2
$\begingroup$

I am creating a game and was wondering what a good number for the total number of vertices or triangles; either answer would be great.
What quantity can the Blender game engine handle rendering in real time without the frame rate getting too out of control? I prefer a frame rate above 30 fps.
The piece I'm asking about is the terrain I made. It will have 120,000 vertices in total, none of which are moving, and the player will probably see only 1000-2000 at a time (not sure if this makes a difference). I wasn't sure if this would be an issue as I am new to the game engine side of blender.

$\endgroup$
  • 2
    $\begingroup$ More information about the game you are making, and how the various elements lock together would be helpful in getting you an answer. it is conceivable that the optimum number of vertices might be different for an aircraft aerial battle game or first person shooter, than in a treasure hunt type game. In general, the faster something moves in game, the lower the number of vertices it should consist of; the slower an object moves, the greater the number it can have without adverse effects on frame rates. $\endgroup$ – brasshat Aug 4 '15 at 3:40
  • 4
    $\begingroup$ This is a "just try it" question. It depends on that much factors that you will never get a clear statement on that. It simply depends too much on your situation (and the situation you are creating). - sorry, I know this is not the answer you are looking for. $\endgroup$ – Monster Aug 4 '15 at 7:56
  • $\begingroup$ Sorry I didn't specify more about the game the thing that I was really concerned about was the terrain I made. It will have 120,000 vertices in total, none of which are moving, and the player will probably see only 1000-2000 at a time(not sure if this makes a difference). I wasn't sure if this would be an issue as I am new to the game engine side of blender. Thanks $\endgroup$ – Tronestar Aug 4 '15 at 12:48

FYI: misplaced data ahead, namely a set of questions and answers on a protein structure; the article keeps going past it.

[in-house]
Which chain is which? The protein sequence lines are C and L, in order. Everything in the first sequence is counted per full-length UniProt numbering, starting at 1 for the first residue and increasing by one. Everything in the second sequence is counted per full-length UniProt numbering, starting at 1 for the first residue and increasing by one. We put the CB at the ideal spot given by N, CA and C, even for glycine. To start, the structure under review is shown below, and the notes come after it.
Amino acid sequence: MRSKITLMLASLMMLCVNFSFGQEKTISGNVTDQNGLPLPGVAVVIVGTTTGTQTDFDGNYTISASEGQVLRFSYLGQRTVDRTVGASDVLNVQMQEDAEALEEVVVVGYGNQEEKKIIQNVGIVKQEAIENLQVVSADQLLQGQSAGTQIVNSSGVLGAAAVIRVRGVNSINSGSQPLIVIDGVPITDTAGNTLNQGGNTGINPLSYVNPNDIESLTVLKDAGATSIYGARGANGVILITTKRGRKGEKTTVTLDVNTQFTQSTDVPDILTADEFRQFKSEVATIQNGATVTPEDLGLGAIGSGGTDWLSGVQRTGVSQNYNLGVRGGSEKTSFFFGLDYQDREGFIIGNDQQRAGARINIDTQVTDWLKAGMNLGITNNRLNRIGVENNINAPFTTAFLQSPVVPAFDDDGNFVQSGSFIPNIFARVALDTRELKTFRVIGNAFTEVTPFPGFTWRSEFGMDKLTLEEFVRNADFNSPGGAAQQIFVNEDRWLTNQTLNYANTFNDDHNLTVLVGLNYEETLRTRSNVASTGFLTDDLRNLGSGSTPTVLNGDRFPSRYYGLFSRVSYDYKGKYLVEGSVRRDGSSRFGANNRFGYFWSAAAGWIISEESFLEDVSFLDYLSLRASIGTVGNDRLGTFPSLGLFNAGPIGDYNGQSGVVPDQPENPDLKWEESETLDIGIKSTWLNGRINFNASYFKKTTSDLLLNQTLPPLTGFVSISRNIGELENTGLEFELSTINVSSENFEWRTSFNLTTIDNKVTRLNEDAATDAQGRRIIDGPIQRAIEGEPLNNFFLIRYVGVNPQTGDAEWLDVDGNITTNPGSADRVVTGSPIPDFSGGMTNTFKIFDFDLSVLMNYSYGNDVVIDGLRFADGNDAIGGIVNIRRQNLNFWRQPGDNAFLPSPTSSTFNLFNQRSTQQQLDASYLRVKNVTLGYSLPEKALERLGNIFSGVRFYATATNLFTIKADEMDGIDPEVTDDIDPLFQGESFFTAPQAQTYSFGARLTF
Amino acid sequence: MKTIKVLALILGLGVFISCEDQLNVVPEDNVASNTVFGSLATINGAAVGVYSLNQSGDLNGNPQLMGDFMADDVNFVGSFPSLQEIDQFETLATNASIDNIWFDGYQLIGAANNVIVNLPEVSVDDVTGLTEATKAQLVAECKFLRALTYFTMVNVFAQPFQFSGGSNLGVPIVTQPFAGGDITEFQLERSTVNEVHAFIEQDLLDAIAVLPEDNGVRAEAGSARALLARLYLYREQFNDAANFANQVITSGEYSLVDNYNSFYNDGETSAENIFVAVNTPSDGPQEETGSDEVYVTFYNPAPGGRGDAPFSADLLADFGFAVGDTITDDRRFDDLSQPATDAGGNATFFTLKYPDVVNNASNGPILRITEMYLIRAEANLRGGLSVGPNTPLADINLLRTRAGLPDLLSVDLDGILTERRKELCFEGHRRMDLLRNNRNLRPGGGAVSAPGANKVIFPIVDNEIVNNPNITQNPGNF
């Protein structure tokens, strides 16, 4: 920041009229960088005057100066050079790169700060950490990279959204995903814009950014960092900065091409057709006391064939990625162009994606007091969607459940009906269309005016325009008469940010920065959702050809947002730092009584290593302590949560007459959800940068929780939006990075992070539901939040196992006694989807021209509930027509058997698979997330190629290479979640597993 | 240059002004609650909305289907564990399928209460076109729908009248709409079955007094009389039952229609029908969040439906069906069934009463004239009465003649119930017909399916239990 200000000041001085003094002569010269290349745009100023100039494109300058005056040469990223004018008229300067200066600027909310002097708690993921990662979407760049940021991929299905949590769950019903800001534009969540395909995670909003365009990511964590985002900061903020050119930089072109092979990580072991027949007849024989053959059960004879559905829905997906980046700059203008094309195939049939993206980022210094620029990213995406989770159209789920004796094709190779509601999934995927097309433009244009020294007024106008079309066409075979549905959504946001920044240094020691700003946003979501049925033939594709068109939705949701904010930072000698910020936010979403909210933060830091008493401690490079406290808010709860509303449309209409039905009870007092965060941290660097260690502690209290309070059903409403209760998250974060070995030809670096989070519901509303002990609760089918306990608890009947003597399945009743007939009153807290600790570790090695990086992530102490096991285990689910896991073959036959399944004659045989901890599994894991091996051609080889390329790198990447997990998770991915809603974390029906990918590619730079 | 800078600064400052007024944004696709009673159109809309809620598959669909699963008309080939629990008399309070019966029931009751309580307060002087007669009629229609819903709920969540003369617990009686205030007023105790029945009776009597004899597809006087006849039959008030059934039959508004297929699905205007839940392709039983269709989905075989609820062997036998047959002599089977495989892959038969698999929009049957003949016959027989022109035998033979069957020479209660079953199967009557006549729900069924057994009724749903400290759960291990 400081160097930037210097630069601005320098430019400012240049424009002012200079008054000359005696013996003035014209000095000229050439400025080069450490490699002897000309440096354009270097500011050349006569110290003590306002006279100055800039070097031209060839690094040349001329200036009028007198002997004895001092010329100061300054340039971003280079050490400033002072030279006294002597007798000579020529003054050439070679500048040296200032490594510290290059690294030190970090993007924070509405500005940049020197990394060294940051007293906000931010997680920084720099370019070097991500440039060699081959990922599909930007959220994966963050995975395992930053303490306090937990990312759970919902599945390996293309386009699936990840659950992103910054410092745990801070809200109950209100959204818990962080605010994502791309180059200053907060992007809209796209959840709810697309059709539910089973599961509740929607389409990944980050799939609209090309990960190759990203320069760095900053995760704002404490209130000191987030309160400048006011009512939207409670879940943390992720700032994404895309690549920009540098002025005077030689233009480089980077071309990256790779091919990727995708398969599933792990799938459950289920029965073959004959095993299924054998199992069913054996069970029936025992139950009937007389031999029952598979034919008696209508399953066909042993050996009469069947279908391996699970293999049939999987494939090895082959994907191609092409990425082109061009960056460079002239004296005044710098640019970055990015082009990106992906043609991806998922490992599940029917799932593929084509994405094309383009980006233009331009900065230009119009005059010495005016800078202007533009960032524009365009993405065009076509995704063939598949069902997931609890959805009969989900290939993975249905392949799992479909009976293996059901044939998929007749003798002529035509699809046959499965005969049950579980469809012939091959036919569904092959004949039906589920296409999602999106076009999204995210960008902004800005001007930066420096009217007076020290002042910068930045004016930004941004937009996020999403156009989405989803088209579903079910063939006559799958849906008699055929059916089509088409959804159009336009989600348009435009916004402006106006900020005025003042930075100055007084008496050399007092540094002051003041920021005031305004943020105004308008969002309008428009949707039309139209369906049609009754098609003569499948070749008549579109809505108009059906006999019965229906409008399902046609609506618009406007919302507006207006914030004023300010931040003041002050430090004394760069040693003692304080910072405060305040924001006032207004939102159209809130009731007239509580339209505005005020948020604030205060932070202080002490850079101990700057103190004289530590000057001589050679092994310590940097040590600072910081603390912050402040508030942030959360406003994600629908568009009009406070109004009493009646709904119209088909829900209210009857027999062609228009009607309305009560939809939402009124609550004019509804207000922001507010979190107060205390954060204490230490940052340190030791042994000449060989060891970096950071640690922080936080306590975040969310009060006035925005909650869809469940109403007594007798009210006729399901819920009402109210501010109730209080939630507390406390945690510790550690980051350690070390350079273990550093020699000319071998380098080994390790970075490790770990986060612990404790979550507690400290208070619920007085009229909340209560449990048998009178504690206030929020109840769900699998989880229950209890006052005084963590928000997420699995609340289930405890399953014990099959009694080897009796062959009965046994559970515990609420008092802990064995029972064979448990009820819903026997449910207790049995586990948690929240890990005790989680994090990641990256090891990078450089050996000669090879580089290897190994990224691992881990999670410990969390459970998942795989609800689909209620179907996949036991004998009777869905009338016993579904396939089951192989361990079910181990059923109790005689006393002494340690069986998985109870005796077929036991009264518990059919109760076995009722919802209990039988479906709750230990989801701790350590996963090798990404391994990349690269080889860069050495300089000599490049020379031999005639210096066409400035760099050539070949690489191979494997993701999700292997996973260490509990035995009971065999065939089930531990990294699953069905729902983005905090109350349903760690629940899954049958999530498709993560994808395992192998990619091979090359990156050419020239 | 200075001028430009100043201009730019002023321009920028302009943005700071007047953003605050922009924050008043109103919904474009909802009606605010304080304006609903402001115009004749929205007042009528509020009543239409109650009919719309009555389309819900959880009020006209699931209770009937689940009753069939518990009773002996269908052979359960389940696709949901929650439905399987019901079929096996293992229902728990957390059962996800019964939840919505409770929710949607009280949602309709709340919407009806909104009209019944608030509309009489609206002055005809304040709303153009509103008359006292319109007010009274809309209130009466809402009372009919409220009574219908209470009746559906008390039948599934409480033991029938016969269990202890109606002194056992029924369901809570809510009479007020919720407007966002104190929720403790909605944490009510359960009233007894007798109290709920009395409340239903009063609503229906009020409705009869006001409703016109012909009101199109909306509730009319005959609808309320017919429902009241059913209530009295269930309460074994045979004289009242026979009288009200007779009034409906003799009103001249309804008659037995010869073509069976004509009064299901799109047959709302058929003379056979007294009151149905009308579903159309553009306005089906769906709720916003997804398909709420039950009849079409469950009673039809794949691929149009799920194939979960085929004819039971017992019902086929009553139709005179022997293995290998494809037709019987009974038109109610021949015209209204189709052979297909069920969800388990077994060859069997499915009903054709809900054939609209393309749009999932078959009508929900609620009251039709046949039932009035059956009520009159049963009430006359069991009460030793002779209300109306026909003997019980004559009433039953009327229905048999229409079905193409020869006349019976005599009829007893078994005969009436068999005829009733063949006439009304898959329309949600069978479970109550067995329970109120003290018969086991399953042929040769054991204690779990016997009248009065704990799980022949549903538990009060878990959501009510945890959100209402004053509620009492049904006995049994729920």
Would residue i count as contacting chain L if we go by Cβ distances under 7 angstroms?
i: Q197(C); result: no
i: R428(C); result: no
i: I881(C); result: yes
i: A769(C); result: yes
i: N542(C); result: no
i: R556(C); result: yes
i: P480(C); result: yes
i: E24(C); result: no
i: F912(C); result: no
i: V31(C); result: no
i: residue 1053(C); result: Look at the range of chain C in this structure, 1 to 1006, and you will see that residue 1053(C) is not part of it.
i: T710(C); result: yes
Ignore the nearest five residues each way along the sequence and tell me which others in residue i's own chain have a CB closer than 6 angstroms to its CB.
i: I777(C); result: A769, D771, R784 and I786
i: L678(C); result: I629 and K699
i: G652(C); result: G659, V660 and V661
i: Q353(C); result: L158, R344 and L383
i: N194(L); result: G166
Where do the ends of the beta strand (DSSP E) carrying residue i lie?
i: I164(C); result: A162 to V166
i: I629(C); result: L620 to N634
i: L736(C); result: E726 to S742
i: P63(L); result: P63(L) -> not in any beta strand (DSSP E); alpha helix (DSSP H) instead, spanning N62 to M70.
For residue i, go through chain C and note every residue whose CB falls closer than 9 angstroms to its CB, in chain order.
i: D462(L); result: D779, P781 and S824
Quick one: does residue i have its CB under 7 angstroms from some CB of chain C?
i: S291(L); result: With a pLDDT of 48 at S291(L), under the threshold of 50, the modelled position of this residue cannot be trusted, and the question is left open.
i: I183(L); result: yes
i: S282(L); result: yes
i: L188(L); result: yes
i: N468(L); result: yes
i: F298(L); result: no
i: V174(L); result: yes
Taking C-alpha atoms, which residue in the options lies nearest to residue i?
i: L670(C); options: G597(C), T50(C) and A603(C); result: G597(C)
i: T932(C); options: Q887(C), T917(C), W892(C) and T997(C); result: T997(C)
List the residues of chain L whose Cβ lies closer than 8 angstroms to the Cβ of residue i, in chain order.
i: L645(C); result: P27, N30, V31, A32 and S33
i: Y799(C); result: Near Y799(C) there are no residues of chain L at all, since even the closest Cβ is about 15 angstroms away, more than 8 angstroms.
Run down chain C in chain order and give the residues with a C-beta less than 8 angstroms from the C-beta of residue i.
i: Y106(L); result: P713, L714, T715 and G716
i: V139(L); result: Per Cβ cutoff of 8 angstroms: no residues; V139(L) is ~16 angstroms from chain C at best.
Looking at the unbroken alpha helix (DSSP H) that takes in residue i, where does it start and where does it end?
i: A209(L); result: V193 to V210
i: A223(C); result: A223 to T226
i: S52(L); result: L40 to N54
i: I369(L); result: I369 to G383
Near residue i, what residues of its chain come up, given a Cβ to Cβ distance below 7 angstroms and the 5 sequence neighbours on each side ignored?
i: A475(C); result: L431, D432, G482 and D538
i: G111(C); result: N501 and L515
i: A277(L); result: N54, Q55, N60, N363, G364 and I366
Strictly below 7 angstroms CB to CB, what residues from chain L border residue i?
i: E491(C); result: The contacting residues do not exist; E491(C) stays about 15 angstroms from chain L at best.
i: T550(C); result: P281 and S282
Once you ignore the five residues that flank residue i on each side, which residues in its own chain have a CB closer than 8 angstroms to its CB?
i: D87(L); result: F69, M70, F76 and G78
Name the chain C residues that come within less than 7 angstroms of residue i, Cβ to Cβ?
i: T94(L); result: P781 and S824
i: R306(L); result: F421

• $\begingroup$ It also depends a lot on the specifications of the computers your target audience will be using $\endgroup$ – VRM Aug 4 '15 at 14:34
1
$\begingroup$

If this is the terrain we're talking about, 120k is probably a good number, seeing as the base reqs for a computer are 1,000,000 verts (without any other things, textures, filters, light). That mean most computers can handle vertex counts of up to 1mil.

The only problem I can see is in the fact that this is a terrain, and not a character, you said only 1-2k verts would be seen at a time, but that doesn't matter if the terrain is one object; Blender will still render the entire object even if only 1 vertex is visible.

So what to fix then? Generally, terrains don't need this amount of detail (right now I'm making one, several acres, and its pushing 30k), so to start with, you may wan to break it down into more base elements to free up resources for other rendering jobs. If its a city landscape, separate the buildings into their own objects, and get some LOD going for props. You may also want to break the landscape into more manageable chunks an area that would normally be blocked by a hill could be separated into its own object so that it only need to be rendered when called for. You could also use occlude objects. these basically ensure that any object that is hidden behind another won't be rendered. It seems intuitive, but really, blender renders anything inside your cameras view arc and clipping range whether or not it's behind another object.

There is a whole science behind game optimization, and youTube will probably be your best resource.

| improve this answer | |
$\endgroup$

Your Answer

By clicking “Post Your Answer”, you agree to our terms of service, privacy policy and cookie policy

Not the answer you're looking for? Browse other questions tagged or ask your own question.